Robot Vacuums are something of a luxury but the price has come down over the years, and we now have multiple options to choose from. The Zigma Spark 980 Robot Vacuum is a mid-tier vacuum that costs $300. It offers powerful suction, mopping ability, fall protection and is generally a pleasure to use.
Packaging and setup
The Zigma Spark 980 includes everything that you would need to operate your robot vacuum cleaner. It comes with:
- Robot Vacuum
- Charging Base
- Charging Base Power Adapter
- DustBin Side Cover
- Dust Bin
- Water Tank
- Cleaning Brush
- 2 HEPA Filter
- 4 Side Brushes (2 Left and 2 Right side brushes)
- 2 Mop cloths
The Spark 980 comes covered in plastic wrap and a foam bumper installed to protect the vacuum during shipping. For the most part, the vacuum came almost entirely ready to go. I had to install 2 side brushes, remove the foam and plastic wrap, and then it was ready to go. The inclusion of a remote was a nice touch for those that want to operate it without a smartphone nearby.
After taking everything out of the box, I then installed the Zigma app and paired it with my device. This process was straightforward and the app did a great job walking me through the steps. I liked how I was able to pick my language during setup, but I was hoping for a female voice from the United States. This unfortunately wasn’t an option, so I selected a female voice from the UK. The voice did grow on me throughout my use and I ended up enjoying the accent. All I had to do after the initial setup was wait for it to charge and run it for the first time.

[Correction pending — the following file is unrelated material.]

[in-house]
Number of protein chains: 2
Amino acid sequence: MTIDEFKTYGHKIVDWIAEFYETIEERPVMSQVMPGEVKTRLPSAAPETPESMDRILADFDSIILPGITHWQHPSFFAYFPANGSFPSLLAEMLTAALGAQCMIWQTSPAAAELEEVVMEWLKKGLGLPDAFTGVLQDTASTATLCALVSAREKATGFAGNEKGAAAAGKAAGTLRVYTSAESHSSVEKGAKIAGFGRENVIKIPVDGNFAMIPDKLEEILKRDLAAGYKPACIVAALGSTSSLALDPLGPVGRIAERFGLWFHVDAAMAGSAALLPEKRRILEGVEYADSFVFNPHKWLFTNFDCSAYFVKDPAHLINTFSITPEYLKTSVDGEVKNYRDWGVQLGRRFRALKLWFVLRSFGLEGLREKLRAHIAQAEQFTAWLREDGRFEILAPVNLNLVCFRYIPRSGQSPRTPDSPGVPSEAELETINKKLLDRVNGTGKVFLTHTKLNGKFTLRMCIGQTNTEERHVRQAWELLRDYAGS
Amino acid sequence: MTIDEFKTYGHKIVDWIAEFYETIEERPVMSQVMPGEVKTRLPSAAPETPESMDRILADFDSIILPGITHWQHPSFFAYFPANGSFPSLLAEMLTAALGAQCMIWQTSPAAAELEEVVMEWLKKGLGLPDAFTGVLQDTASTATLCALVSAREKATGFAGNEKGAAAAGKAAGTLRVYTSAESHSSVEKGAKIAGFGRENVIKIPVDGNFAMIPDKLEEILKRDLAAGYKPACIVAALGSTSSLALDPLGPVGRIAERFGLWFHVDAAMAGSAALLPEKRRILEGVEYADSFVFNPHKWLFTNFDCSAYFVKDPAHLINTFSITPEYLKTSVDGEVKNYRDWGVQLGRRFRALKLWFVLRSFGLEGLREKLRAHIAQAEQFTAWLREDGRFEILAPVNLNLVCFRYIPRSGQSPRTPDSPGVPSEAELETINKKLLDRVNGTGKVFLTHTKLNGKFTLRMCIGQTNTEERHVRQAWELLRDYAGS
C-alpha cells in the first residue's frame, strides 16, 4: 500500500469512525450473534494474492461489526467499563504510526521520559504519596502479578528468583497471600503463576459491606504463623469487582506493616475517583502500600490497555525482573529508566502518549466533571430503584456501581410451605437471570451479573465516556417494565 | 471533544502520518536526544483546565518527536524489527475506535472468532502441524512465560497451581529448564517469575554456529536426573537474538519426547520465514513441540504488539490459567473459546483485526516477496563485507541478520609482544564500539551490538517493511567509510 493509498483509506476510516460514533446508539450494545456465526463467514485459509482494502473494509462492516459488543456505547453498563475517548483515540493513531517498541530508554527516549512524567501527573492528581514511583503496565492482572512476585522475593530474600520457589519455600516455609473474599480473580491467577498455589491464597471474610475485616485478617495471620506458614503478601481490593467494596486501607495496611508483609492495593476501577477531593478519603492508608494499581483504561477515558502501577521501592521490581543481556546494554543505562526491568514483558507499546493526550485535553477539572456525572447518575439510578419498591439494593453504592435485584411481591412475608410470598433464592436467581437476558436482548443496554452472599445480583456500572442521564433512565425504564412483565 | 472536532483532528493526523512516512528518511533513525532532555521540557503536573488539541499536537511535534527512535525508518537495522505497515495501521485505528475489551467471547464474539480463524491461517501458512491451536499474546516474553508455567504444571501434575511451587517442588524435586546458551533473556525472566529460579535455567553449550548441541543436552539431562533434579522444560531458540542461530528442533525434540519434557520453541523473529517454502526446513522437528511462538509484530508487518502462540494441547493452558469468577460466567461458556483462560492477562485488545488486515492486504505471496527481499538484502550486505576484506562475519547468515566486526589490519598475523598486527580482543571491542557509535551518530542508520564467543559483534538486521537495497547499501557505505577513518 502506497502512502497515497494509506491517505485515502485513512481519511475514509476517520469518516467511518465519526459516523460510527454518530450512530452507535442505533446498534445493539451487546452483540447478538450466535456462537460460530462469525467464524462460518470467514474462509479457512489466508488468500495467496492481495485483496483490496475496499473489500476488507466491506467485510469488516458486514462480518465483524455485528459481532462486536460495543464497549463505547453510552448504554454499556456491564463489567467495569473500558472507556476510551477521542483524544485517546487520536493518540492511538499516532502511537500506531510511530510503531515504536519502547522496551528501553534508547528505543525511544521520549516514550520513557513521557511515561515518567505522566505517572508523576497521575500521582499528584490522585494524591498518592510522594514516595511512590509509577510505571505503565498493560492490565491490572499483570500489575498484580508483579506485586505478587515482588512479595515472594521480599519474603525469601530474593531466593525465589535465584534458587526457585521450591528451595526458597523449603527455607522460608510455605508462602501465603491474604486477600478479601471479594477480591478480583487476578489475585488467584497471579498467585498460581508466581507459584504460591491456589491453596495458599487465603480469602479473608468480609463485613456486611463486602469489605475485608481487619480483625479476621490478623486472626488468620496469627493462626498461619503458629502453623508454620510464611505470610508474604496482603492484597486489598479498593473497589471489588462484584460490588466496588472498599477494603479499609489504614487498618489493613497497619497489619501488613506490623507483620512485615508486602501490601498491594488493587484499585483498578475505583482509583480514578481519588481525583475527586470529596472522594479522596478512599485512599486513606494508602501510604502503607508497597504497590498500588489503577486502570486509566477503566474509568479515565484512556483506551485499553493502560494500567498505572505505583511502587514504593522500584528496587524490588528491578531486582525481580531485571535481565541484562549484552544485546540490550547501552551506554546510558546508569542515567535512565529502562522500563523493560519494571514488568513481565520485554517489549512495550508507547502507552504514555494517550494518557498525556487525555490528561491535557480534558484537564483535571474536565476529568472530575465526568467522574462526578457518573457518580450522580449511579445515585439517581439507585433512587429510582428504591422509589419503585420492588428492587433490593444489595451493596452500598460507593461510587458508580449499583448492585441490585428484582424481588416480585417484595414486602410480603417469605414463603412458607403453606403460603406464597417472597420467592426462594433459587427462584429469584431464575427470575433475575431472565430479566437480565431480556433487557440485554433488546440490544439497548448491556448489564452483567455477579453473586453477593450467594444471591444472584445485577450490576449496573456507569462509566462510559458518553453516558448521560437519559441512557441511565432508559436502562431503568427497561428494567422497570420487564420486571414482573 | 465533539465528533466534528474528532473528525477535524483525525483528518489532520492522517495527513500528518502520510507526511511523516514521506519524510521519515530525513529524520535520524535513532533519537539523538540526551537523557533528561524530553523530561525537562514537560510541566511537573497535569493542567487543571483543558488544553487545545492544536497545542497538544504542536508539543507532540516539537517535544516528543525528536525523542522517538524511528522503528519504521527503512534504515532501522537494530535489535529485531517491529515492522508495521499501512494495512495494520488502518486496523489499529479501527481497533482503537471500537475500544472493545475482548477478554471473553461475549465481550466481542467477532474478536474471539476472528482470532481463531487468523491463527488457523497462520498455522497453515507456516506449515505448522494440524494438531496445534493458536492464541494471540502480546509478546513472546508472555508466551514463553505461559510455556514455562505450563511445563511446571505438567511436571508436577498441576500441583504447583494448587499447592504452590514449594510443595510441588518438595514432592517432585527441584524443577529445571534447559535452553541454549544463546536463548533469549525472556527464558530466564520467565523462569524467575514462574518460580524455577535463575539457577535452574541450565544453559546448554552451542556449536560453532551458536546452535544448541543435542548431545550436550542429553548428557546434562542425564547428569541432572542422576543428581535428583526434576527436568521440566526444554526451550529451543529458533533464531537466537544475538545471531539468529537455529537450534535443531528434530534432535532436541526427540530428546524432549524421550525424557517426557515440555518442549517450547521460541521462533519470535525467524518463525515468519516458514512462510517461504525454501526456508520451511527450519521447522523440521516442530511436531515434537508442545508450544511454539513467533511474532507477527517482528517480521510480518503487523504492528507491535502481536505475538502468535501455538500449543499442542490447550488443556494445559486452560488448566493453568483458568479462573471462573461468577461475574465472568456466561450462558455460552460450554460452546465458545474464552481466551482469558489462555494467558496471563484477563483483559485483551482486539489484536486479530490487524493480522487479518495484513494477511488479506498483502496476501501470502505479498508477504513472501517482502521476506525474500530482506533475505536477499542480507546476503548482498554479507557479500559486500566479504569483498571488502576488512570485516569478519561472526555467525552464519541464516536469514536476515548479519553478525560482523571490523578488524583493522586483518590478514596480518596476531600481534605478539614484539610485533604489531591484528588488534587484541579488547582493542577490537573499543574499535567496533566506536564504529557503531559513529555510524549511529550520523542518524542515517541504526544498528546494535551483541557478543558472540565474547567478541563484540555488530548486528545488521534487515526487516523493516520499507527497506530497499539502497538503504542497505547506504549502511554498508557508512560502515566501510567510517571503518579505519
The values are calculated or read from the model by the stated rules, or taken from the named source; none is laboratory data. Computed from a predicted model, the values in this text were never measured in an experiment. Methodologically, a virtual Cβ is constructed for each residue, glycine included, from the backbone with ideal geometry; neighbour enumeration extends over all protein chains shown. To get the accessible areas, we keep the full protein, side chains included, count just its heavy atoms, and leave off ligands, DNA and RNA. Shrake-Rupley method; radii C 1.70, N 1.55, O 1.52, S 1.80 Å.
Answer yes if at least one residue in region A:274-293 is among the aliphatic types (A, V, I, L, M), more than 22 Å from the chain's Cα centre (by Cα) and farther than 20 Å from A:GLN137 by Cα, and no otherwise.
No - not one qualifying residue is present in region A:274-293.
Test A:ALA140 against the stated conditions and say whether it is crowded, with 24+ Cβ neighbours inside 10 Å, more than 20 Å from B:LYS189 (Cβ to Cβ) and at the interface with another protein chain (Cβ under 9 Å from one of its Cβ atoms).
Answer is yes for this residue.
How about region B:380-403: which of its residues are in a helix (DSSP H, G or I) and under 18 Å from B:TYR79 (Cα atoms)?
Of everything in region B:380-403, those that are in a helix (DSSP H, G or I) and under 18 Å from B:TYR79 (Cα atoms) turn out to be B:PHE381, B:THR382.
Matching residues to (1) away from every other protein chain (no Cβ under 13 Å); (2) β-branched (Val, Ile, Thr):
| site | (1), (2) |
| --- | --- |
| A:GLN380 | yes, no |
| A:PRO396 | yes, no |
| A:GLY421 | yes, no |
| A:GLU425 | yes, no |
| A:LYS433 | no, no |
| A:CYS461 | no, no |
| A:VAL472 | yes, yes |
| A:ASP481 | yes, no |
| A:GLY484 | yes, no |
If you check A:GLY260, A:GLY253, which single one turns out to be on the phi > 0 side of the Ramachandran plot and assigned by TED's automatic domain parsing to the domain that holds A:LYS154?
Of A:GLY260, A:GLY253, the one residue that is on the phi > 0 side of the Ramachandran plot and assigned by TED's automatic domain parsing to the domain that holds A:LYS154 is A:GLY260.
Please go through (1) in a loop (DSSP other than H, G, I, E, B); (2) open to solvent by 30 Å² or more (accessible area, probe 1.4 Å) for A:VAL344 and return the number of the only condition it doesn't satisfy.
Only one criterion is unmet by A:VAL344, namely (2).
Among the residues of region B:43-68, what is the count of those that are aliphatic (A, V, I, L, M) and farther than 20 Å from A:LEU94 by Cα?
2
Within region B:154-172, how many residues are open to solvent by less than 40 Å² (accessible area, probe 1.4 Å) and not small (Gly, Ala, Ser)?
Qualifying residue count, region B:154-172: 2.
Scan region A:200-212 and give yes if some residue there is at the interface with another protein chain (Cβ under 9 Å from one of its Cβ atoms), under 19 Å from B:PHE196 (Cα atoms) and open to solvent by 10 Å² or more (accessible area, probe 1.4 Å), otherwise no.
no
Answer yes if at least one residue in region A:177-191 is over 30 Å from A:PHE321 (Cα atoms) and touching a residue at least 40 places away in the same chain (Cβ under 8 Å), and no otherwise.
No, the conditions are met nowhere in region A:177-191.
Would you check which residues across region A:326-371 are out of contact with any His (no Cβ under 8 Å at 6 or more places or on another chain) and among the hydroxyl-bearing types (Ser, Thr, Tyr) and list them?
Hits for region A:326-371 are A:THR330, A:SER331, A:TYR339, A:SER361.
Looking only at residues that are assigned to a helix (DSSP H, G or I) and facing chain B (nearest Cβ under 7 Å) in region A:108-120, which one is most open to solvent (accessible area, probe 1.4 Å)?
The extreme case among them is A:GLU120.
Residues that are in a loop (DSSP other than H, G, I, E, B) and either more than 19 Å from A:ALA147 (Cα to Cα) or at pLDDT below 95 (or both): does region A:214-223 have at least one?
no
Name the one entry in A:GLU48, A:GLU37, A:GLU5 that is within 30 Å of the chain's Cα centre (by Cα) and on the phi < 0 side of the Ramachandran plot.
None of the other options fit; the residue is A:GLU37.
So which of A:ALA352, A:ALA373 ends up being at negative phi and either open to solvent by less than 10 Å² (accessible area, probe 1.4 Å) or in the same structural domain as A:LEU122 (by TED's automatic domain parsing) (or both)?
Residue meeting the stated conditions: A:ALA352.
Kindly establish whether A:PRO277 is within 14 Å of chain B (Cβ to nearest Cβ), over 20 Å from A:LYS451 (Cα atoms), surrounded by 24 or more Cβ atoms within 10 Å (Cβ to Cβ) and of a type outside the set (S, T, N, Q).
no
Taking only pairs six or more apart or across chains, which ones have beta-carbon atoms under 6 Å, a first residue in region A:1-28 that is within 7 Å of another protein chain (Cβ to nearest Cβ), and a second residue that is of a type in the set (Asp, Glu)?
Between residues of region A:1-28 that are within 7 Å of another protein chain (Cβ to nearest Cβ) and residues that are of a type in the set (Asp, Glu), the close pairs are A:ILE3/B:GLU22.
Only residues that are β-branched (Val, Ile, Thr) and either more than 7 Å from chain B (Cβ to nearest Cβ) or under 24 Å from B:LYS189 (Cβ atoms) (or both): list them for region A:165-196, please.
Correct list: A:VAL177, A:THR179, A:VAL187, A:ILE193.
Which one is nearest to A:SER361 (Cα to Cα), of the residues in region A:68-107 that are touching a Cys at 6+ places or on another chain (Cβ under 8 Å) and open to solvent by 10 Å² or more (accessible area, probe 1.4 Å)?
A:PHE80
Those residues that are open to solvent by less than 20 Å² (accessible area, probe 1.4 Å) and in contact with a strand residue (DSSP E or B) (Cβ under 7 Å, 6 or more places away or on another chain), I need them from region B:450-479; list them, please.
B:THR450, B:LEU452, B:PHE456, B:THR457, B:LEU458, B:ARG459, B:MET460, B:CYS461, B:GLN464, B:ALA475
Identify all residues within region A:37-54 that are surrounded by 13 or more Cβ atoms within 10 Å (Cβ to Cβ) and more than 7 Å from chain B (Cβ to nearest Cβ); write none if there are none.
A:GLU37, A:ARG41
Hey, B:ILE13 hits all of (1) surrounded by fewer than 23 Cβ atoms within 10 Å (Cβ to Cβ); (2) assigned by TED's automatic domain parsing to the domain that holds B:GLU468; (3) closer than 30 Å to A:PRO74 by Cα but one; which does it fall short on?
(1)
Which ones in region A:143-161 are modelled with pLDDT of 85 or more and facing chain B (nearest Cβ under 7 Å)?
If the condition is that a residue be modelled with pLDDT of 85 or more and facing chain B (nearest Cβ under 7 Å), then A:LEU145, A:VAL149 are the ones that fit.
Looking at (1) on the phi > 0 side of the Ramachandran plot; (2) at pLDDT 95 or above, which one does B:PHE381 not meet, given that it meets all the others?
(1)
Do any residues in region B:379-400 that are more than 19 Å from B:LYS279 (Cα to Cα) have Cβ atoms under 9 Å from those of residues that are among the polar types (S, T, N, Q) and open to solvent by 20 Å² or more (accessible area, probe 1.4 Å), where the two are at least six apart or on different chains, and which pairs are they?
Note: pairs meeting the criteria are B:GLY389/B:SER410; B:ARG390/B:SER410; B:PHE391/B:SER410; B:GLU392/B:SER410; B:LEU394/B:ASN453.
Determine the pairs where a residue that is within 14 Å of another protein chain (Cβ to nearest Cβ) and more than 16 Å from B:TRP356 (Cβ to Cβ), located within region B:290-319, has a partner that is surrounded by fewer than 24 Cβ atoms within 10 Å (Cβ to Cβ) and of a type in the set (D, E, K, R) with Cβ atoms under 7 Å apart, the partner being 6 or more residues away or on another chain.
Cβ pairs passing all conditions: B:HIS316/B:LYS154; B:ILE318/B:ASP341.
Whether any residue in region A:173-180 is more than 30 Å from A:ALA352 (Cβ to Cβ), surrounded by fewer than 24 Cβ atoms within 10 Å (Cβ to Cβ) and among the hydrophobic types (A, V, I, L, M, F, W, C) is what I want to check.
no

With Lidar Navigation, 4000Pa suction, and a claimed runtime of 140 minutes, I was expecting great things from this vacuum. The vacuum met my expectations and was an absolute joy to use after some initial hiccups.
Upon my eagerness to get the vacuum started, it wasn’t properly charged and struggled for the first few minutes. As the vacuum drives around it creates a virtual map, allowing you to set boundaries and avoid obstacles. The 2 side brushes also fell off upon first use, but that was my fault as I didn’t properly snap them into place. The vacuum also got stuck under a table, and it asks for help because it is stuck. I also got an alert on my phone saying the same thing. This only happened once and it was kind of cute listening to my robot call for help.